Keep the momentum: Charity works best with strangers

The act of giving to charity and strangers is strongly American. It’s not because Americans are rich, it’s because collectively they believe in sharing and giving to the needy.

Donating one’s symbolic dollar, or more, goes a long way; it literally counts.

Obviously, we tend to put our family and friends first and take care of their needs, but at the same time we manage to expand on that psyche by giving to those we never met before: complete strangers.

And that’s when our contributions double up as a monetary and emotional gift. By opening our hearts and wallets to strangers, we don’t seek proof of one’s misery or hardship in life; donors do the right thing and simply give.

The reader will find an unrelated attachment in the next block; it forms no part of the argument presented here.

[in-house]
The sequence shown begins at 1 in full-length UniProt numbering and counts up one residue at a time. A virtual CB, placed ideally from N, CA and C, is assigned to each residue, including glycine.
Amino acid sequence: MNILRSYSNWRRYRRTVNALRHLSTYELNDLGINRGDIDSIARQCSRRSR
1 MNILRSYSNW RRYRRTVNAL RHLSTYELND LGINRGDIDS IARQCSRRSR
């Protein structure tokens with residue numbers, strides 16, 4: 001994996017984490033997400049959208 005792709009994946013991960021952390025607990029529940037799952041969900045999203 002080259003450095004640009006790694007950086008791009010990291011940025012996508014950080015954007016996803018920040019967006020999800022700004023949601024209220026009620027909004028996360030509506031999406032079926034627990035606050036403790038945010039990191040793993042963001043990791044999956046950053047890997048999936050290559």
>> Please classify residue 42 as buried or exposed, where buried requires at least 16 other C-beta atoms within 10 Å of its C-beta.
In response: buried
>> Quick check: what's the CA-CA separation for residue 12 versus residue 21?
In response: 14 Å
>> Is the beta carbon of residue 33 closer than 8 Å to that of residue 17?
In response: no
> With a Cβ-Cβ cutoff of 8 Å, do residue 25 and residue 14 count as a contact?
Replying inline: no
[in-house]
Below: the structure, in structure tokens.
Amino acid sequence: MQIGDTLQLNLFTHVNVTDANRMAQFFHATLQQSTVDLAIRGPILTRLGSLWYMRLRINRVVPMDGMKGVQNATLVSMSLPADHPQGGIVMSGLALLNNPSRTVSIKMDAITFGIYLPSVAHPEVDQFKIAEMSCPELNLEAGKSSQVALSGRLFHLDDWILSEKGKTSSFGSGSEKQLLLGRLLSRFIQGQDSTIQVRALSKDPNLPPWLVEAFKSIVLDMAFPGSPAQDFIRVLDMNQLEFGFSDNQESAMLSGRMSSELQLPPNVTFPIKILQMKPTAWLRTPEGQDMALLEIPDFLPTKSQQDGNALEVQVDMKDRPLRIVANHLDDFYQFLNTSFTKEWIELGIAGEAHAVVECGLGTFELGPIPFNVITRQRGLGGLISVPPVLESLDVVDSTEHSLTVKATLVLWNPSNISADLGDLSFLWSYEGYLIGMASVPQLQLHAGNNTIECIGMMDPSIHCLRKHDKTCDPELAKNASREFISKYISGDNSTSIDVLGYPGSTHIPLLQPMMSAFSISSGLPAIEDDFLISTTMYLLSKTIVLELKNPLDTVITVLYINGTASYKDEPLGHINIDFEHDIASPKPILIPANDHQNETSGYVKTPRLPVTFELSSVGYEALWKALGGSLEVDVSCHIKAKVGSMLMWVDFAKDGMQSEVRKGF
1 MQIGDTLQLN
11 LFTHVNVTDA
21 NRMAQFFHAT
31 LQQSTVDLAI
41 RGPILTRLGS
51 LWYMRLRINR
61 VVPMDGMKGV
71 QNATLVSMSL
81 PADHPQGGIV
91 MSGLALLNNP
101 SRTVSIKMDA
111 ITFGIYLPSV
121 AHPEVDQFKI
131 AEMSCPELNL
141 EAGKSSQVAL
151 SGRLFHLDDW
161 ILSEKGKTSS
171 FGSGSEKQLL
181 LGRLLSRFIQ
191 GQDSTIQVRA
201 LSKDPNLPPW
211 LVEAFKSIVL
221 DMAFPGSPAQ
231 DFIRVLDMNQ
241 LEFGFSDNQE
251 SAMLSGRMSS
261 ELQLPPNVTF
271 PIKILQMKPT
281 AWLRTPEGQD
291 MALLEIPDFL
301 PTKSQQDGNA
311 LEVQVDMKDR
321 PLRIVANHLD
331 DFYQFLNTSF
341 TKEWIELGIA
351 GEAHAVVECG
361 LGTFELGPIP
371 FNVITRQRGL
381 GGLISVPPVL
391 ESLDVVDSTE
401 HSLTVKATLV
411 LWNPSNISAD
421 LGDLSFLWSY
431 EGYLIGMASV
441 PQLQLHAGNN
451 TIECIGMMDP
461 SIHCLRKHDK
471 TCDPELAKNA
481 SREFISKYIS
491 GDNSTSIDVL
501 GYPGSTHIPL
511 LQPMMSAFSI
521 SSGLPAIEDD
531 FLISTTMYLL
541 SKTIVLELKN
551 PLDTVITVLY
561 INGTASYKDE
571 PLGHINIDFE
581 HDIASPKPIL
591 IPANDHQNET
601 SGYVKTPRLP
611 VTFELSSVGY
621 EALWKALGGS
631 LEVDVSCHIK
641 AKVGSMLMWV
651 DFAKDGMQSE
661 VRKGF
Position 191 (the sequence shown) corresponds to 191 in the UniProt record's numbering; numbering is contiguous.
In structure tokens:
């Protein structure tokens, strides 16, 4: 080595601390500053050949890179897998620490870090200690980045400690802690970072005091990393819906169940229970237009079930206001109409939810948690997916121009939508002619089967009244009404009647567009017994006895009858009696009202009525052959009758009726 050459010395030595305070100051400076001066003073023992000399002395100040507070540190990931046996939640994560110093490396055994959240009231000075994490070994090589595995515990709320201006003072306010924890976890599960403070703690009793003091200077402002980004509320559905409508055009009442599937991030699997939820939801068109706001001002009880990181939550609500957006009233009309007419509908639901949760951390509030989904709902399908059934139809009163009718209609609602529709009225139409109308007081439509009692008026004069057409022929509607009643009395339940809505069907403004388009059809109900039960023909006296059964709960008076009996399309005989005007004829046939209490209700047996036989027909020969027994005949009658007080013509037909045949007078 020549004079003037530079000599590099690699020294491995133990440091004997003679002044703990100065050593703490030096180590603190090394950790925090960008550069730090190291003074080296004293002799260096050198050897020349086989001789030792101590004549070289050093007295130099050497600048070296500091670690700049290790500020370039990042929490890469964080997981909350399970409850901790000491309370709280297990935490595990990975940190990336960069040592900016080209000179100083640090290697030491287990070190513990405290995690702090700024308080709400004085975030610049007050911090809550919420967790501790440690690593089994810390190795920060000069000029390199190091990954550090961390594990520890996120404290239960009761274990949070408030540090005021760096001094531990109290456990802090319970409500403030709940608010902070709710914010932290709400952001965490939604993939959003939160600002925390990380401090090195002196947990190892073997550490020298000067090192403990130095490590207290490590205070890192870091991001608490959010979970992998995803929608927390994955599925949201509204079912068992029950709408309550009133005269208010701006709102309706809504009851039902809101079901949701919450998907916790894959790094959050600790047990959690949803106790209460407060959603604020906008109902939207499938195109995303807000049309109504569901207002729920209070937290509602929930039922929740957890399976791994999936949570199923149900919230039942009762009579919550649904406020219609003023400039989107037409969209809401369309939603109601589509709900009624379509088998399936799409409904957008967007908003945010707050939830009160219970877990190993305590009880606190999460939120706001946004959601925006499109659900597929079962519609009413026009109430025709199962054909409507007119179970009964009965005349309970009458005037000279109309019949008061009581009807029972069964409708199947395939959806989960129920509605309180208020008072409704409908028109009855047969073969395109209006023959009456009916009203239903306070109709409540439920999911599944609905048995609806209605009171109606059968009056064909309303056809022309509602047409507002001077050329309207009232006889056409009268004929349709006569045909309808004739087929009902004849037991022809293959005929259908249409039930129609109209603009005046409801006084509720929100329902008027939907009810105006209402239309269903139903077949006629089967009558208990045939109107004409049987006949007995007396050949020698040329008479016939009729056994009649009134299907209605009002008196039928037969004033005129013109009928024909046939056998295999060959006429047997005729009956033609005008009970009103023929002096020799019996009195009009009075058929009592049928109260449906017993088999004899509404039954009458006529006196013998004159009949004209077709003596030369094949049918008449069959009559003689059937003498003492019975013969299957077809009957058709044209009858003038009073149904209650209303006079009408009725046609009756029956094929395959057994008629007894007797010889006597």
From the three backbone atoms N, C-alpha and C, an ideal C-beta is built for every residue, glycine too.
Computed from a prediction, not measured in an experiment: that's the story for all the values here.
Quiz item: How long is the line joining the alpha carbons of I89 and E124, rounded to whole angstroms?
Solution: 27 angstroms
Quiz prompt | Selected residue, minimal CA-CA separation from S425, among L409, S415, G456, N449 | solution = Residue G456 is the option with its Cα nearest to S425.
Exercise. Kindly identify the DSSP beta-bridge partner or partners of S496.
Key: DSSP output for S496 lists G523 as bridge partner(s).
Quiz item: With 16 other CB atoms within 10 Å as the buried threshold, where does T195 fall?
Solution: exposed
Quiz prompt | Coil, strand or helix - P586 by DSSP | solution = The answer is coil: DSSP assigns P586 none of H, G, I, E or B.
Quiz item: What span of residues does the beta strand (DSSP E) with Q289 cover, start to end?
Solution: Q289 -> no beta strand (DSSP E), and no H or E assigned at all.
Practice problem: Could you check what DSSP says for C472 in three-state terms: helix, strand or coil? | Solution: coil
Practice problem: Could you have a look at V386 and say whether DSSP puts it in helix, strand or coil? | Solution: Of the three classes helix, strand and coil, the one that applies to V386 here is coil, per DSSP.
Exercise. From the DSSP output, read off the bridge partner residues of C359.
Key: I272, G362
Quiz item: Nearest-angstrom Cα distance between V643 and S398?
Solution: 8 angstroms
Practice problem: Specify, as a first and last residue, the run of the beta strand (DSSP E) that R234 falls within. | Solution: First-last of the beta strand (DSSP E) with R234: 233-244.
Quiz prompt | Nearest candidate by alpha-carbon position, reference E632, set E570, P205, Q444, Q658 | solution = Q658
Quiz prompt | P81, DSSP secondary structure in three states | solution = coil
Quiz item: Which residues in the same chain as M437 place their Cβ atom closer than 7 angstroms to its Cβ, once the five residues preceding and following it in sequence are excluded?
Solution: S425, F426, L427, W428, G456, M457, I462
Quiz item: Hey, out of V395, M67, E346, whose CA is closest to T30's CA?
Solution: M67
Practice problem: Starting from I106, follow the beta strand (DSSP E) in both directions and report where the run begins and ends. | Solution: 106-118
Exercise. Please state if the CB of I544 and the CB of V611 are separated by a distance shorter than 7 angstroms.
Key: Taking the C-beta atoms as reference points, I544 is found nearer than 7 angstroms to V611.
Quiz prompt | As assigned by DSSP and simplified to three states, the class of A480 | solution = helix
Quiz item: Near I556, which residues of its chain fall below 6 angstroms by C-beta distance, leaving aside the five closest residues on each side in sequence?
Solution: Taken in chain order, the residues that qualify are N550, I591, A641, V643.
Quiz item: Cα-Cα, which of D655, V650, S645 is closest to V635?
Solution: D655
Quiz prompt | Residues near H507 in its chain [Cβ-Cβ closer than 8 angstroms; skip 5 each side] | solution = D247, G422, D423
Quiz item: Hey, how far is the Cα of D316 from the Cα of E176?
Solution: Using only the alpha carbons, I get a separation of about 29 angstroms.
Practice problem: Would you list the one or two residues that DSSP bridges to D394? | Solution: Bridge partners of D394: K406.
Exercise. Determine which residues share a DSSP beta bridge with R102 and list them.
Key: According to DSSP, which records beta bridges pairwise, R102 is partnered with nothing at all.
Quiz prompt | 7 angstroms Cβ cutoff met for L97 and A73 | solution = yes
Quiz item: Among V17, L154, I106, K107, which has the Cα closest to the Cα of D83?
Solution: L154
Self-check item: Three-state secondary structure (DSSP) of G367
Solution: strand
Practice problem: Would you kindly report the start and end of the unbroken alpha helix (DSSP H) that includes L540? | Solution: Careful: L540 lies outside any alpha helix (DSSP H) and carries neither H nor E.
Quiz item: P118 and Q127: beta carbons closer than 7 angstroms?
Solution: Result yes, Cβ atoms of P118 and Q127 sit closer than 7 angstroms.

The loss of a young person is one such reason to give to the family struggling with financing her very last rites and burial; in ancient Greece, a coin was placed on the lips of the deceased to pay the ‘ferryman’. As life ends on this earth, we are left with one last bill – but it’s our relatives and friends that have to pay it. They are left with the double task of having to juggle emotional distress and a steep financial burden.

Please help out with that bill for Brianna Berrier, and your contribution won’t go to waste.


  1. Yes, and insurance doesn’t cover a dime of this. If I may blast Aetna as the worst insurance company. Well of the big insurance companies that is. Horrible.

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